Inside Bank of America.

They are the losses that no bank CEO likes to talk about.

Wells Fargo & Co. (WFC) , Bank of America Corp. (BAC) and Citigroup Inc. (C) have quietly racked up billions of dollars of losses that, under the vagaries of U.S. accounting rules, they've been able to avoid recognizing in quarterly earnings reports. Citigroup is a holding in Action Alerts PLUS.

The losses are due to rising U.S. interest rates, which has eroded the value of hundreds of billions of dollars of Treasury bonds, mortgage-backed securities and other assets that banks hold as investments, alongside their portfolios of loans. It's the basic tenet of bond math: When yields go up, prices go down.

Accounting rules allow banks to avoid recognizing the losses through net income, helping executives report higher headline profits on a quarterly basis. But the losses have to be deducted from capital -- the extra money that regulators require banks to keep on hand to withstand a big economic downturn. Capital is also used to support new loans or make payouts to shareholders in the form of dividends or stock buybacks.

The bond losses show how rising interest rates, which many investors speculated would lead to fat profits for big banks, can be a double-edged sword. The biggest U.S. firms hold hundreds of billions of dollars of the securities, which could be prone to even bigger losses as the Federal Reserve pushes rates higher amid an accelerating economy.

"If you take a cold, hard look at it, the rise in interest rates has caused them massive problems," said Richard Bove, a money manager at Garden City, New York-based Hilton Capital Management.

It's a new phenomenon, since banks weren't required to deduct the securities losses from capital until earlier this decade, when regulators imposed new rules in the wake of the 2008 financial crisis. The losses are recorded in an account known as "other comprehensive income," or OCI, and they accumulate until the bank disposes of the securities, effectively realizing the erosion in their market value, or until their maturity date. 

Details on the securities losses are buried deep in the press releases that banks issue each quarter on their financial results. Bank of America, based in Charlotte, North Carolina, recorded about $4 billion of losses in OCI during the first quarter. Had the losses been recorded in net income, its reported profit of $6.49 billion would have been almost two-thirds lower.

"The reduction you're seeing is just a function of long-term rates going up," Bank of America CFO Paul Donofrio said on a conference call with investors earlier this month. "It's just an accounting construct that all banks have to deal with."

A Bank of America spokesman declined to comment further.  

San Francisco-based Wells Fargo reported a $2.66 billion loss in its OCI account, while New York-based Citigroup recorded $1.9 billion of losses on investment securities. New York-based JPMorgan Chase & Co. (JPM) , the biggest U.S. bank, said its accumulated OCI increased by $944 million from the prior quarter. JPMorgan is a holding in Action Alerts PLUS.

With unemployment at a 17-year low and inflation rising, most economists expect the Fed to continue raising interest rates for the foreseeable future -- implying losses on the securities could swell. That leaves the banks with two options, neither of them good.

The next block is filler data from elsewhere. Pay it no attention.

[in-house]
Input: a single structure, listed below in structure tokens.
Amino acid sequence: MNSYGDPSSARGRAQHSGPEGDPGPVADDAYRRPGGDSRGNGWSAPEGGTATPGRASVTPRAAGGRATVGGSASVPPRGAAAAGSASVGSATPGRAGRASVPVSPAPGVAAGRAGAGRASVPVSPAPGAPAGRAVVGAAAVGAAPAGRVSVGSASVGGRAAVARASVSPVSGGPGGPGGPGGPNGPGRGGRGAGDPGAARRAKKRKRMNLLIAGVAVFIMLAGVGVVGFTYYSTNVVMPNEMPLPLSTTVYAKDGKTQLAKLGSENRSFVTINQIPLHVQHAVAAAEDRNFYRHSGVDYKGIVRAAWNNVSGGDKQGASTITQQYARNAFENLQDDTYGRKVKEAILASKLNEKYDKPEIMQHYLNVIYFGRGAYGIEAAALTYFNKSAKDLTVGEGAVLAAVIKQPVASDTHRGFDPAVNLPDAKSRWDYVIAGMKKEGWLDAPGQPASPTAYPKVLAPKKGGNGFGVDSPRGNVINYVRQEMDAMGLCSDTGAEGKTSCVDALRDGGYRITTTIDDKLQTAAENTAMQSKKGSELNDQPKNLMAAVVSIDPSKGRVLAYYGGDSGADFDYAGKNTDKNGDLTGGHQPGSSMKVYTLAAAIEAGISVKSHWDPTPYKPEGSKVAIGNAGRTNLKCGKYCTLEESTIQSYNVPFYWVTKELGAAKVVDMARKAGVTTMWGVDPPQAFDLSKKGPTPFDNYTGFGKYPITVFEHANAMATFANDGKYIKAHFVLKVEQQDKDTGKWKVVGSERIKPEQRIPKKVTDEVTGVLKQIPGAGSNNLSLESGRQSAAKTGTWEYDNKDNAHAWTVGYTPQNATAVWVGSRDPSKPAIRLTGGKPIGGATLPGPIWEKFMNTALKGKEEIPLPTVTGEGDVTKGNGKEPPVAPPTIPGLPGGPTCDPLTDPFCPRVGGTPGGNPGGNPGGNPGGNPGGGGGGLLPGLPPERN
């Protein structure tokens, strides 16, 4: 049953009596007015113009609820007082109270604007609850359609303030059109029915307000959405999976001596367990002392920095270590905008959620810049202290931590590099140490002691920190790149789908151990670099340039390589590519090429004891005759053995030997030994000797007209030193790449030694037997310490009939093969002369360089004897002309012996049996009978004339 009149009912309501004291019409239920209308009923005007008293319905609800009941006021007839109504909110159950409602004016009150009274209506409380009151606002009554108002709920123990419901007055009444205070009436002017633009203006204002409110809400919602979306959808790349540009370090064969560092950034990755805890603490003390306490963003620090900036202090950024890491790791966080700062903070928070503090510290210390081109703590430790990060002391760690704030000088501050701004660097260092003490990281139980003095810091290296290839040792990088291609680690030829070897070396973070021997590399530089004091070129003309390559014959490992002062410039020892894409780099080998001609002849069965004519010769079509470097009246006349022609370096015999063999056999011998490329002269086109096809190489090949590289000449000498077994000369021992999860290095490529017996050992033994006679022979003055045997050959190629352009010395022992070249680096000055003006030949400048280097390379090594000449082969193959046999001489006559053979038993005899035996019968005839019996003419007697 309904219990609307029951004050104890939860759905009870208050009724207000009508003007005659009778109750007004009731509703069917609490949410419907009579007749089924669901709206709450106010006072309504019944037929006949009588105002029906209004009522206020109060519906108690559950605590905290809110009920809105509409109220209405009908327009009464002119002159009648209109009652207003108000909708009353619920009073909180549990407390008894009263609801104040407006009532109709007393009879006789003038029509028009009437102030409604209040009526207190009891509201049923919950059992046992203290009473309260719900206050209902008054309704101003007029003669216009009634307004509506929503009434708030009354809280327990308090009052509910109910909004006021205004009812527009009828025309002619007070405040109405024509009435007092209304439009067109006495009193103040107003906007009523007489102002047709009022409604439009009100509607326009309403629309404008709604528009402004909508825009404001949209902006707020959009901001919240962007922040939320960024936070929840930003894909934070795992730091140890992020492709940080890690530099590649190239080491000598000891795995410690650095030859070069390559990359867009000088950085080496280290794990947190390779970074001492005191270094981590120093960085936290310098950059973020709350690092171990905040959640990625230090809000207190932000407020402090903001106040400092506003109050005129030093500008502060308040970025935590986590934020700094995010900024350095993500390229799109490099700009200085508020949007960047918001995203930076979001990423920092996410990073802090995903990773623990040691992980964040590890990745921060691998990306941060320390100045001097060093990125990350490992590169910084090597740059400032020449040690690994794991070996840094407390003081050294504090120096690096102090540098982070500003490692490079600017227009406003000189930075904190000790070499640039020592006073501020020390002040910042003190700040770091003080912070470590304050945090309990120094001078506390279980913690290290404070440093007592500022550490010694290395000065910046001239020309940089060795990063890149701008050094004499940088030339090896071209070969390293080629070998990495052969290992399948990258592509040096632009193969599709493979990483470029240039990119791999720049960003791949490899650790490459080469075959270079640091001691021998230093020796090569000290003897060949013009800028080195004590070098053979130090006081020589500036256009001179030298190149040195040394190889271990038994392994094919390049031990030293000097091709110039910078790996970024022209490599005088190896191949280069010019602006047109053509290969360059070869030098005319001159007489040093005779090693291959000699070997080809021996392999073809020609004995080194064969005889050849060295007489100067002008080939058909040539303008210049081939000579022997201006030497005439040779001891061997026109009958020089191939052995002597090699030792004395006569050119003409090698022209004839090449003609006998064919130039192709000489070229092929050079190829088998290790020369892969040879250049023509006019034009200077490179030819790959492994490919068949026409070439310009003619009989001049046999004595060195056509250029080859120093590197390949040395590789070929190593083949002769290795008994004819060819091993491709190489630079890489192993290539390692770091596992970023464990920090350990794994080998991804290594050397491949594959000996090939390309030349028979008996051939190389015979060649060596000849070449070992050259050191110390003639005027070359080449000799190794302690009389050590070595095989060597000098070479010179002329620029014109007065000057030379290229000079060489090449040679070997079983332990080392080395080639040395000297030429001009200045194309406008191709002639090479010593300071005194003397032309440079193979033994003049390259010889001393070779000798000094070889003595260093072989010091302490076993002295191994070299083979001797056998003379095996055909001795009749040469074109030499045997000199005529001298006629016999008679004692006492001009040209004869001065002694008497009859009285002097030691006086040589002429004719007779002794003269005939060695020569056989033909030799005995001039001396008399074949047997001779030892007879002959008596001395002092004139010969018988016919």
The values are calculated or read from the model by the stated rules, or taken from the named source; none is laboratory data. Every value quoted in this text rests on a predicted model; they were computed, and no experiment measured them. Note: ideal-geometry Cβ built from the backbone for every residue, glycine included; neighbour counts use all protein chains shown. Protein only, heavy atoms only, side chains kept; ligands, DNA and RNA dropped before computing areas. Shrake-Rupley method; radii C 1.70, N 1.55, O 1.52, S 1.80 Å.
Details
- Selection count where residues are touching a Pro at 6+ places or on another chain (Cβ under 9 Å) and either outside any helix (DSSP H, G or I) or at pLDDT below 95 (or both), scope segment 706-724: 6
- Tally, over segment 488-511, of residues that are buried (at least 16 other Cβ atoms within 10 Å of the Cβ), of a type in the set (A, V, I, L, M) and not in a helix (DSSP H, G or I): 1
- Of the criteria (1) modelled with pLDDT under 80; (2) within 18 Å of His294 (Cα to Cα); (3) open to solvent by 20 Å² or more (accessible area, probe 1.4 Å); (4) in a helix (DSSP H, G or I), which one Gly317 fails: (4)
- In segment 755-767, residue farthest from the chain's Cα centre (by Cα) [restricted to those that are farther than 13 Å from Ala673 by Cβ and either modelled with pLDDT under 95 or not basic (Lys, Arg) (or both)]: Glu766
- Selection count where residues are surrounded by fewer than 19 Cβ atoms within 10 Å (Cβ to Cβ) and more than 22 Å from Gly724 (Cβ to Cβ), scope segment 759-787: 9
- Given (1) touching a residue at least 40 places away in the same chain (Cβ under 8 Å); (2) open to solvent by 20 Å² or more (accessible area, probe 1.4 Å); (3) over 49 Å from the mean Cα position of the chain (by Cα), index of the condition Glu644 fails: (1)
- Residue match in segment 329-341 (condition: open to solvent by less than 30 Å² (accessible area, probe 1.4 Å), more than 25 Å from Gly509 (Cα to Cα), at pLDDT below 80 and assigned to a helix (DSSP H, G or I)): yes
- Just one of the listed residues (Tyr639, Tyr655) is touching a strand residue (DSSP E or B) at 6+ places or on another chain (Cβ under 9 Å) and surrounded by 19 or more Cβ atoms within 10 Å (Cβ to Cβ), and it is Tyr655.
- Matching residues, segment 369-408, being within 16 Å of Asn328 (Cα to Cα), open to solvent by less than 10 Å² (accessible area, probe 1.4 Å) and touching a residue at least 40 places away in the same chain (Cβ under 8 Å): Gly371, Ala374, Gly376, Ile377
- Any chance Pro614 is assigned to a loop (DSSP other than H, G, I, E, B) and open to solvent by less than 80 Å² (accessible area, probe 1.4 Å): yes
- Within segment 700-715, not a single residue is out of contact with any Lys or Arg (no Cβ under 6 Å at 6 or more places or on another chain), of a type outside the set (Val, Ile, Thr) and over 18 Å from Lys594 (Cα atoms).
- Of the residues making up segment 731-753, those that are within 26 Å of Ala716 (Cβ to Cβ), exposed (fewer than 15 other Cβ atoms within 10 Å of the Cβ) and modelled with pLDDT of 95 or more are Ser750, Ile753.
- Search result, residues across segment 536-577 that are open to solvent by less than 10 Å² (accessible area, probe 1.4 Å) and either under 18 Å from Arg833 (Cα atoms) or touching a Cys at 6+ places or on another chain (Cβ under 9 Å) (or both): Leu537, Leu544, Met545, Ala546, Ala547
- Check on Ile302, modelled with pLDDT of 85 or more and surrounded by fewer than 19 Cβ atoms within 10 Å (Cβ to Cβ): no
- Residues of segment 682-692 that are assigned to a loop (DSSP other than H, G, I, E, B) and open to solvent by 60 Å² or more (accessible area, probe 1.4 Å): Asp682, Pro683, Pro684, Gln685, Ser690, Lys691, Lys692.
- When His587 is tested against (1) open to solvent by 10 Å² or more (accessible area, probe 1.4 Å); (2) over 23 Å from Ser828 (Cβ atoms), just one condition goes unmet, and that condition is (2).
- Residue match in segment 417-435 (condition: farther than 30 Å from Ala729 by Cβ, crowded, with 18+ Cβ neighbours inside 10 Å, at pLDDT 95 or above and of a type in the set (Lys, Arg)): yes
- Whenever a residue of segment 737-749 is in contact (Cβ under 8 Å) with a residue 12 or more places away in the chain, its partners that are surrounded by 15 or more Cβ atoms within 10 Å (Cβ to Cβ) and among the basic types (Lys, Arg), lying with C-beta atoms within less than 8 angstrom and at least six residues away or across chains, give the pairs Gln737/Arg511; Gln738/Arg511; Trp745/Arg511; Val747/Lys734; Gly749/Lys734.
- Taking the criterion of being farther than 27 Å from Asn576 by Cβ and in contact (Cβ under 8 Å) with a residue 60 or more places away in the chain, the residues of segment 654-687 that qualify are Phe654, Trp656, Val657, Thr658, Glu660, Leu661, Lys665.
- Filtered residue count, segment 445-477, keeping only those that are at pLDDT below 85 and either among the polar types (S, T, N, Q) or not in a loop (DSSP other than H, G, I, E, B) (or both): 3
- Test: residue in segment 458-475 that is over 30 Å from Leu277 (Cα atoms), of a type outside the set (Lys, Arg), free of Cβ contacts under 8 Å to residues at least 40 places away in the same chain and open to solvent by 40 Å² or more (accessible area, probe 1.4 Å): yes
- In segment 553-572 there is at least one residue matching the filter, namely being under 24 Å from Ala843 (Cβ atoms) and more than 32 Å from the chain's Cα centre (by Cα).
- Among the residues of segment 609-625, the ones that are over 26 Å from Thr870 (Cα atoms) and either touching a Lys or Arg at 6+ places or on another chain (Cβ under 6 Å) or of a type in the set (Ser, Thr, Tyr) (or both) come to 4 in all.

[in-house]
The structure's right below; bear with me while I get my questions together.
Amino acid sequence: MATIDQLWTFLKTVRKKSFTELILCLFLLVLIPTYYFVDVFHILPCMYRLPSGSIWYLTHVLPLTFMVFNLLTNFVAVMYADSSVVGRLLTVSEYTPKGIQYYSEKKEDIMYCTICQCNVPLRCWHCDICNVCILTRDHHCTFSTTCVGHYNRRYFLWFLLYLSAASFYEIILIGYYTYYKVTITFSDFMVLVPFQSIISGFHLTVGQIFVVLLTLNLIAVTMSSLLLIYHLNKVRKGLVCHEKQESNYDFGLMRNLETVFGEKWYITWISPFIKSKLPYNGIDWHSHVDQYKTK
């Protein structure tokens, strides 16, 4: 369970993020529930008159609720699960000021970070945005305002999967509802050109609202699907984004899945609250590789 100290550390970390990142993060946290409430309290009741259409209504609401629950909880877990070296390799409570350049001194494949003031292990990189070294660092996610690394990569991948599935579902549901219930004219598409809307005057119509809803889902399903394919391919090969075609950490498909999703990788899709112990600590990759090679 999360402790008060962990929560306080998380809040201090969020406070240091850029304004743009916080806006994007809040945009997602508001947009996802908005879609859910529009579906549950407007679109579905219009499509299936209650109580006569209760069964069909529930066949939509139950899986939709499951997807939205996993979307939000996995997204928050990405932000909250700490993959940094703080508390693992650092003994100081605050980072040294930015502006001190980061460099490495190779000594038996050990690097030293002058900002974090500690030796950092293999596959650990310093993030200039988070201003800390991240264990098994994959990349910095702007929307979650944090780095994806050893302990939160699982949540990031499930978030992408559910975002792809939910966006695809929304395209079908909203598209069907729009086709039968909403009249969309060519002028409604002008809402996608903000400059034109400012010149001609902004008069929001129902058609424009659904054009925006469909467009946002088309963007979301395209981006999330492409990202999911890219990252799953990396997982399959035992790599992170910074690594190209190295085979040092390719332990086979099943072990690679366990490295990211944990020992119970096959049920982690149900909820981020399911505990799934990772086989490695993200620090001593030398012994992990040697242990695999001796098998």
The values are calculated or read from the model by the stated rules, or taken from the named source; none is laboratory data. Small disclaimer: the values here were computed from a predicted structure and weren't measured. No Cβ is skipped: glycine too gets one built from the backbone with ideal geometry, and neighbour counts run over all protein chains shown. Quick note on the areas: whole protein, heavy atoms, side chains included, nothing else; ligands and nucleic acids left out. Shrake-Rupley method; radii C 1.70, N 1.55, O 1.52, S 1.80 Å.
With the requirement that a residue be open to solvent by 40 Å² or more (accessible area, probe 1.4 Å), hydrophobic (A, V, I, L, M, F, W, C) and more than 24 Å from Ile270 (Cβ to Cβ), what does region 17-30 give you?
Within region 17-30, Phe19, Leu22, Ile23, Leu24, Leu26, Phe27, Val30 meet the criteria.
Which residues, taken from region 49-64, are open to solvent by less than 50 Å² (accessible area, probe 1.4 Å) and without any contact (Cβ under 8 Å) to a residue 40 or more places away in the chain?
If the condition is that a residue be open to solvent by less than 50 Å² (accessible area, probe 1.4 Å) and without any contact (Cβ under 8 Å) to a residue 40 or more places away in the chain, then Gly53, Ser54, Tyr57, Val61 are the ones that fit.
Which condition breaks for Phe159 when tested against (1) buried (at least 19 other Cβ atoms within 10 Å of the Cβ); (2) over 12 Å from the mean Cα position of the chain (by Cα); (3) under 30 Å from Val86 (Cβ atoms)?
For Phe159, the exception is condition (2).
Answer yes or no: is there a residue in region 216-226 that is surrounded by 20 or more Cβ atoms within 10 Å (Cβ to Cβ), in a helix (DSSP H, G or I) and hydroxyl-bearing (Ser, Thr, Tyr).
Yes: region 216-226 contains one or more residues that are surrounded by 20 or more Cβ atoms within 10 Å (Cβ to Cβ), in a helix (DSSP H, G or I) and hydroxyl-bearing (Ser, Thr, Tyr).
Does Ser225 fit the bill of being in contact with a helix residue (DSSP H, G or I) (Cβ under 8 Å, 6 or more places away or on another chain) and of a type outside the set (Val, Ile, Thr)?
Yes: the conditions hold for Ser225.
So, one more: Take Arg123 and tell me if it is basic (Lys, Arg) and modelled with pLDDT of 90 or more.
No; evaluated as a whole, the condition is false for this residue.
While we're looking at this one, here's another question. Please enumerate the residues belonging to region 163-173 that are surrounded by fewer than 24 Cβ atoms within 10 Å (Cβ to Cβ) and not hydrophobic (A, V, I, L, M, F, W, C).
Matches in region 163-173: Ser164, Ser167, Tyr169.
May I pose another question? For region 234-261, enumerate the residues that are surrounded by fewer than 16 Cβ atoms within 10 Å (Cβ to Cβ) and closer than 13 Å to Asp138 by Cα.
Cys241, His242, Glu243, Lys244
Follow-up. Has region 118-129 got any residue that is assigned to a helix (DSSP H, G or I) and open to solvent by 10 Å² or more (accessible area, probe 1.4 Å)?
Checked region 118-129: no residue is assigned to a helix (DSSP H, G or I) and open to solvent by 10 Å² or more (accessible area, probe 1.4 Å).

They can hold the securities until maturity, at which point they would get their investments back, and the losses would be reversed. But doing so would delay their ability to reinvest the money in new securities priced at higher yields.

Or they could sell the securities, swallow the losses, and immediately begin collecting higher yields on new securities.

Marty Mosby, a former bank CFO who now works as an analyst at the brokerage firm Vining Sparks in Memphis, Tennessee, thinks they should choose the latter option.

"You will get the benefit of having the higher-yielding security on the books," Mosby said. "You literally have already taken it out of your capital, so there's no additional impact on your capital. So now you would just get credit in your earnings going forward."

There are a few reasons banks might resist such a move. There are probably costs associated with sorting through the hundreds of billions of securities on banks' books and then trading out of them, Mosby said. Then there would be costs to locate new bonds to buy.

Another possibility is that banks are so eager to show higher profits as rates rise that they're reluctant to highlight the securities losses by recognizing them in closely-scrutinized earnings-per-share headlines.

Or maybe they just haven't really thought about it.

"We haven't had rates move higher meaningfully since we've had these new rules, and it's really not something they've thought about in the past, or thought about in this way," Mosby said.

David Hendler, a bank analyst at Viola Risk Advisors in Montebello, New York, said banks should be able to recoup the losses on the securities through new loans, made at higher interest rates.

But the losses serve as a reminder that it's "not going to be easy and pain-free" for banks as the Fed reverses its post-crisis policies of keeping rates at historically low levels, Hendler said.

"They don't want to disappoint the stock analysts," Hendler said. "The analysts are always looking for progressive earnings-per-share growth, and they're not as concerned with the balance sheet."

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